CHEAP EATS Dear Earl Butter,
North Carolina was different. Since we would be there only one day, and that day was a Sunday, and all the barbecue places near my sister's house are closed on Sunday, she had the presence of mind on Saturday to pick us up a pile of barbecue.
Mind you, she's a vegetarian now, like the rest of my sisters and most of my brothers. But the more vegetarian the rest of my family becomes, the more meat I feel I have to eat. It's complicated math, or maybe simple math and complicated metaphysics, but I know that you, of all people, will understand. My sister does.
My brother-in-law picked us up at 4 a.m. at the train station in Greensboro, where they live now in a rented single-wide, out between the last street light and the dump. Their couch folded into a bed, and the bed was very comfortable, but I was too hungry to sleep, so I visited the fridge. And there it was, lit from within, two quarts of pulled pork and a pint of barbecue slaw. There would be donuts and bagels and coffee when we woke up, but another way of looking at it is that I had barbecue for breakfast, lunch, and dinner that day.
And Earl, what I'm driving at, or meandering toward, is that none of this so-called authentic North Carolina barbecue was even half as good as what you brought over to Deevee's house last time. Which is remarkable, considering that whoever made this must have lived here a lot longer than you did, I guess. And for sure more recently.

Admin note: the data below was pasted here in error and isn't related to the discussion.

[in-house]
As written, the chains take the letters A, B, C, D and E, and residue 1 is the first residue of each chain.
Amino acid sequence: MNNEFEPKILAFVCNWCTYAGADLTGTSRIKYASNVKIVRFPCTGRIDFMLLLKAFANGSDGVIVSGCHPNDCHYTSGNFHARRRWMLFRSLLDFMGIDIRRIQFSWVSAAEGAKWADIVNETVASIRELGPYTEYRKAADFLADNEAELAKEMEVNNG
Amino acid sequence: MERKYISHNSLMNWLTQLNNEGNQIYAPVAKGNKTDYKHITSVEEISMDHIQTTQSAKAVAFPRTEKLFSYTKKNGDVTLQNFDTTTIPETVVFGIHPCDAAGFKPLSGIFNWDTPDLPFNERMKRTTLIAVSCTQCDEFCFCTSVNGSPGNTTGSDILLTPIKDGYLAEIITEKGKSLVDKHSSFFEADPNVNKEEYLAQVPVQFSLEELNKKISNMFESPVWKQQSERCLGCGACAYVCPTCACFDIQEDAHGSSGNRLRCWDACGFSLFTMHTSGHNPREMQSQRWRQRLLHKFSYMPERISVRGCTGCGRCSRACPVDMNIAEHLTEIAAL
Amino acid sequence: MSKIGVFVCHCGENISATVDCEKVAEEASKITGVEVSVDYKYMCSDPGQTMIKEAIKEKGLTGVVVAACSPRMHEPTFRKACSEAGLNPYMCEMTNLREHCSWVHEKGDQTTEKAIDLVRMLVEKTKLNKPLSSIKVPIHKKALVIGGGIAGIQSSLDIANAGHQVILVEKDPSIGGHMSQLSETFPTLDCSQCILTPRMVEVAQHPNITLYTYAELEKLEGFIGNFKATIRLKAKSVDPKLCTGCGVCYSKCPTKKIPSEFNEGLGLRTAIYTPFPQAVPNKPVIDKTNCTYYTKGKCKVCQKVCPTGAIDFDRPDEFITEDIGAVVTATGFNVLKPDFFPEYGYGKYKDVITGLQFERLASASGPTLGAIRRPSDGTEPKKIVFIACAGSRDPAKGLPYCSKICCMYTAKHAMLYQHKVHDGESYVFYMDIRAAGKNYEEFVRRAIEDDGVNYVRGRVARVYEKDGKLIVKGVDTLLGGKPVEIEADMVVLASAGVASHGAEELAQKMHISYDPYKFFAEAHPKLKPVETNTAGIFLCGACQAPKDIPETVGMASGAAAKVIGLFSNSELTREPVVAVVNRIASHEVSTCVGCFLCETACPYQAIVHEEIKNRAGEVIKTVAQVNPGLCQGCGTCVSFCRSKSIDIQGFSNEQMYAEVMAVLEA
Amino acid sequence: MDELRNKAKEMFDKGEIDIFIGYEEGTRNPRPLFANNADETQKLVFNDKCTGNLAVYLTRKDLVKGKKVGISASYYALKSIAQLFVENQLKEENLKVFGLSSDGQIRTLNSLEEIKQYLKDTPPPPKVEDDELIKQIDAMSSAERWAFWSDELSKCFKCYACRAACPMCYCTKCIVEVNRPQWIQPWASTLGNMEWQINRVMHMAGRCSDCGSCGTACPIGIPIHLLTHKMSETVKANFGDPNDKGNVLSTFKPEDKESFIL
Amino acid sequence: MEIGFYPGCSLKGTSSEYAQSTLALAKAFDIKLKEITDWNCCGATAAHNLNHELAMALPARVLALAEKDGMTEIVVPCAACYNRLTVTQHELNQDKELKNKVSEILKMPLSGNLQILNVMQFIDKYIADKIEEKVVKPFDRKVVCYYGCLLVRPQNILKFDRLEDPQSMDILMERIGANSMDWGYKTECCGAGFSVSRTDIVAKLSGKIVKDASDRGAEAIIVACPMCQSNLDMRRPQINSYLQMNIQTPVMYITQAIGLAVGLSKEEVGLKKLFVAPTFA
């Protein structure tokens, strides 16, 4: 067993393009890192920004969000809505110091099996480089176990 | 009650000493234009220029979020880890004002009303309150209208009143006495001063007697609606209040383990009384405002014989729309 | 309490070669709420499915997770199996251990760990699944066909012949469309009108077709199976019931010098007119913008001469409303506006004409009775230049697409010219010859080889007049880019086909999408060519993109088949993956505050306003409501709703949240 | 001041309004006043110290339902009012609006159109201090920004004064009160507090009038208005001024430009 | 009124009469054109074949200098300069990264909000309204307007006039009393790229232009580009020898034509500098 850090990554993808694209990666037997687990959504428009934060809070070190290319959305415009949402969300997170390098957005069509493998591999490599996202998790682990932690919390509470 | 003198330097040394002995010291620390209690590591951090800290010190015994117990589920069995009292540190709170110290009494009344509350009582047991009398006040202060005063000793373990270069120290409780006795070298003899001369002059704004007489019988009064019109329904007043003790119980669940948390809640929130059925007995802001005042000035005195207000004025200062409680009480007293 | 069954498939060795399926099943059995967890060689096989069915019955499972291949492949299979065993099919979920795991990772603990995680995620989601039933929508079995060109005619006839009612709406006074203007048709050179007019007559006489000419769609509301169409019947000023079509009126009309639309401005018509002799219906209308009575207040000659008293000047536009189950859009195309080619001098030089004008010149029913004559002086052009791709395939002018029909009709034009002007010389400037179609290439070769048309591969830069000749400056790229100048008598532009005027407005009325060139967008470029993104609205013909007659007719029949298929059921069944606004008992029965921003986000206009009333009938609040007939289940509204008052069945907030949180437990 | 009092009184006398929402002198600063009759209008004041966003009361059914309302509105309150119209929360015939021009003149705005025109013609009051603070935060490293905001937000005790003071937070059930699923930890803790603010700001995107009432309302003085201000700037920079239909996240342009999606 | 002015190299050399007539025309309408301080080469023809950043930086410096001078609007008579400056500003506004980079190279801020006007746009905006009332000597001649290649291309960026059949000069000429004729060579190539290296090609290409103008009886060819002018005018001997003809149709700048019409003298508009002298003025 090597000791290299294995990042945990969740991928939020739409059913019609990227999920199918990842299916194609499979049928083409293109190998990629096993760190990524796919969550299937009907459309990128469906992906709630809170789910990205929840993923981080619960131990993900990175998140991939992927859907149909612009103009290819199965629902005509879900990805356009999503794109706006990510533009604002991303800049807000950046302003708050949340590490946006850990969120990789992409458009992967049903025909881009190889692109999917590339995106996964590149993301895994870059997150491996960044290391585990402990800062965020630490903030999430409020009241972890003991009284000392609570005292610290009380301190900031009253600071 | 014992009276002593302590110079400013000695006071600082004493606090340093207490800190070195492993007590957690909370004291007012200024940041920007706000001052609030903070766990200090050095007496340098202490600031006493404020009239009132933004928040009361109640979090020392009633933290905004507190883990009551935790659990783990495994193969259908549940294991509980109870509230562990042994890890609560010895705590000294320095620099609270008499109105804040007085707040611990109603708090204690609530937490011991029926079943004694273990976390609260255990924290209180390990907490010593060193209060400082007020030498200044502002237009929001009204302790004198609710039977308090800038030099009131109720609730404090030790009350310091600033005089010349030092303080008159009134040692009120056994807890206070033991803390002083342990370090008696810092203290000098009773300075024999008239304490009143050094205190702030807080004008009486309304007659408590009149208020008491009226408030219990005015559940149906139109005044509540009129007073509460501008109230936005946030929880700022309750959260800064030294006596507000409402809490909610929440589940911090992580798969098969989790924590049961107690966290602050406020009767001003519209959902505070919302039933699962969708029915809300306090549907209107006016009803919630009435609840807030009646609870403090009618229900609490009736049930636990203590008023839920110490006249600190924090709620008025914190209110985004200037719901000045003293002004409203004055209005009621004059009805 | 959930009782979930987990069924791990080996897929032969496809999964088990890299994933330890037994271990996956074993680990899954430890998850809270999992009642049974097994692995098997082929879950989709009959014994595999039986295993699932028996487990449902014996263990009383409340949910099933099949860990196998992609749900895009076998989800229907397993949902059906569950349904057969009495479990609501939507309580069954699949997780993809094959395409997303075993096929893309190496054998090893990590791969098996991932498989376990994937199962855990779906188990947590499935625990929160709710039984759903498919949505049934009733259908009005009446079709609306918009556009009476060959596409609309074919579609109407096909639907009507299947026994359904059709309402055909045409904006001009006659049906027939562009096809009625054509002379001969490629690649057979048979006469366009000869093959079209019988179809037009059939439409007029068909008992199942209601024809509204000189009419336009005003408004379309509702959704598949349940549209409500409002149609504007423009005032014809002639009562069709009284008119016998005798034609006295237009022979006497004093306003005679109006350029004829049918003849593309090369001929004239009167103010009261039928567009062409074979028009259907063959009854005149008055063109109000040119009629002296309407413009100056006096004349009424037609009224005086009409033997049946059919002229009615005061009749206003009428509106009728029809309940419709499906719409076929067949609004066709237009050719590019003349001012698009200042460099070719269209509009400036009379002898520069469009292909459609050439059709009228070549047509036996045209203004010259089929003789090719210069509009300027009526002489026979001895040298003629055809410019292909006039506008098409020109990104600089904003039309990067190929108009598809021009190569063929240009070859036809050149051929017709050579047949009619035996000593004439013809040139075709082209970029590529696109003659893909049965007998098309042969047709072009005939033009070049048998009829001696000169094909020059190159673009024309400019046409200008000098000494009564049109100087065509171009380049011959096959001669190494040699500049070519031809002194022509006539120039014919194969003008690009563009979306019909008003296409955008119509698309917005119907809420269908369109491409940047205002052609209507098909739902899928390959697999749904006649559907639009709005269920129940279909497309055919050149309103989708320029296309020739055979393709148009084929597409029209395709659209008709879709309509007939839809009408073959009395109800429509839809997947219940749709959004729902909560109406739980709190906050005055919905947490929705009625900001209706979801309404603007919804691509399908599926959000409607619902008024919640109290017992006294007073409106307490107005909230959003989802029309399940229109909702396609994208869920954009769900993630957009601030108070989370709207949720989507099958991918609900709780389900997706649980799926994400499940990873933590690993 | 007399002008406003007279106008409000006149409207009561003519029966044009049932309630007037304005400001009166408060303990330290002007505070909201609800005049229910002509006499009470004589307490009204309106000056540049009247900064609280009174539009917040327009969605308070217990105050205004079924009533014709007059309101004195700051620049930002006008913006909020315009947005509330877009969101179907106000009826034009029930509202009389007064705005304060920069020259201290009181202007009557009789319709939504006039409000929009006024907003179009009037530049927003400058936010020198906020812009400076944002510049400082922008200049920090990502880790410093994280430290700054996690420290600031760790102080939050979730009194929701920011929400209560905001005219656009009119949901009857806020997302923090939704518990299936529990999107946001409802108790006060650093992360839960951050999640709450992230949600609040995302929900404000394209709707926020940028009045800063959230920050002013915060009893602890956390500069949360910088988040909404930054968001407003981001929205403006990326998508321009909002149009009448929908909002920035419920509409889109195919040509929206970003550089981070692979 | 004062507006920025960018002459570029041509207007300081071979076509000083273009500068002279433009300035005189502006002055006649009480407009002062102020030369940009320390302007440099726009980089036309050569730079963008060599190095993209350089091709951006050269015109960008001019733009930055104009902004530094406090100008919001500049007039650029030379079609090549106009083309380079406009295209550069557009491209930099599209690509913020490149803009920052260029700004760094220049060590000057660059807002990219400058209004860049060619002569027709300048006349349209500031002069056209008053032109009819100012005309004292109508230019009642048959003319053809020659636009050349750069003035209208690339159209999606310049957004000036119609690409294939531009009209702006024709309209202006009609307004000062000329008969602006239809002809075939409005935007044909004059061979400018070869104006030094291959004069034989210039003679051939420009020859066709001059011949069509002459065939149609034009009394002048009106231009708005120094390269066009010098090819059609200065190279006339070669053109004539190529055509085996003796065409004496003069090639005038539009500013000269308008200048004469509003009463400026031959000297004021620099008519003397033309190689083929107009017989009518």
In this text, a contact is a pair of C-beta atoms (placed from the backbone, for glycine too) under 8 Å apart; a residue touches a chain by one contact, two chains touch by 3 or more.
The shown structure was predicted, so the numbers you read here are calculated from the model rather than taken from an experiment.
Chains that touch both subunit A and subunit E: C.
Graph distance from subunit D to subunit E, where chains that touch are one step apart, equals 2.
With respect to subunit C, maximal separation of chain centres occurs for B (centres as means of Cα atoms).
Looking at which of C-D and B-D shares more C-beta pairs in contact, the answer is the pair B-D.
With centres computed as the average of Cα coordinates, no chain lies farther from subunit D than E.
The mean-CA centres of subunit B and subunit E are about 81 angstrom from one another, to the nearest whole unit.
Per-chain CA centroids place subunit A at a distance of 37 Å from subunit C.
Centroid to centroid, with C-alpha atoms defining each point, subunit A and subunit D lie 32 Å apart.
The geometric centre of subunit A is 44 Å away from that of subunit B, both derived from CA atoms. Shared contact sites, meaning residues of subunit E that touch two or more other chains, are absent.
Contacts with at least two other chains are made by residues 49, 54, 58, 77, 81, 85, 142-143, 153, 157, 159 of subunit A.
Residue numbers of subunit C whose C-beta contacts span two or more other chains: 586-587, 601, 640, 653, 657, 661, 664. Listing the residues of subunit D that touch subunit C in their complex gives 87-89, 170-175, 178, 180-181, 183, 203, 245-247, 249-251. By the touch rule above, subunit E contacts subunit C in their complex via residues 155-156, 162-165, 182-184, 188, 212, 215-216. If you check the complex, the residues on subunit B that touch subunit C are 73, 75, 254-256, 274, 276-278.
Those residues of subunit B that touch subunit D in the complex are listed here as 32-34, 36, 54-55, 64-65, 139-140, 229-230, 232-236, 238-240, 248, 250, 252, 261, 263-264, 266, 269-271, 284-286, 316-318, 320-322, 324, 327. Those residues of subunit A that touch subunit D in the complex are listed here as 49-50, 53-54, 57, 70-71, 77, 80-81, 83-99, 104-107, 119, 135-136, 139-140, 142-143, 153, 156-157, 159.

You lived here, what? A year? Twenty years ago? I guess you've just got a natural touch for North Carolina barbecue. Or another possibility is that sometimes you just flat-out outgrow a thing. Maybe I don't like North Carolina barbecue as much as I thought I did. It happens. Example: I used to think my own hometown in Ohio had the best barbecue ever, but the last time I ate some I burped plastic the whole next day.
And I should mention that I did eventually get me some Georgia barbecue last week too, in Marietta, and it was way better than what we had here, although Romea might disagree, which goes to show you. When I come back, let's go to Dibb's Barbecue on Fillmore Street. I missed it last time I was on that street, remember?
But first we've got one more week of planes, trains, and automobiles, only not in that order. Like, right now we are on a train. Romea's sleeping next to me, on my pillow, in my poncho. She's probably dreaming my dream, too which is (right now) of bacon fries. Did I tell you about bacon fries? Don't wait for me to come back for that one. If you've got $5, go get you some, and if not borrow $5 off my brother.
I heard he stole my car from you. Don't let him do that.
P.S. I love her.
That is great. I went to the Lawrence Bakery Café, and got what I have gotten there for the last four, five, or six years. Which is a cheeseburger and french fries. I would like to say that in all that time, their prices have never changed. But that is not true. At some point, a cheeseburger and fries went up from $3.75 to $4. Is that an outrage? No, it is not an outrage, it is perfectly fine. I love the Lawrence Bakery Café and several places around the Mission for the very same reason: they serve very good food at very good prices, giving a guy like me, well, a chance.
I can cook food. Most everybody knows it. But it was out of necessity that I learned to cook. Believe me, if I had the dough, I would be eating out every night, maybe at fancy-pants places, but also at great regular places, too.
My kitchen has been very good to me over the years. But I would leave it in a second and never speak to it again if I could.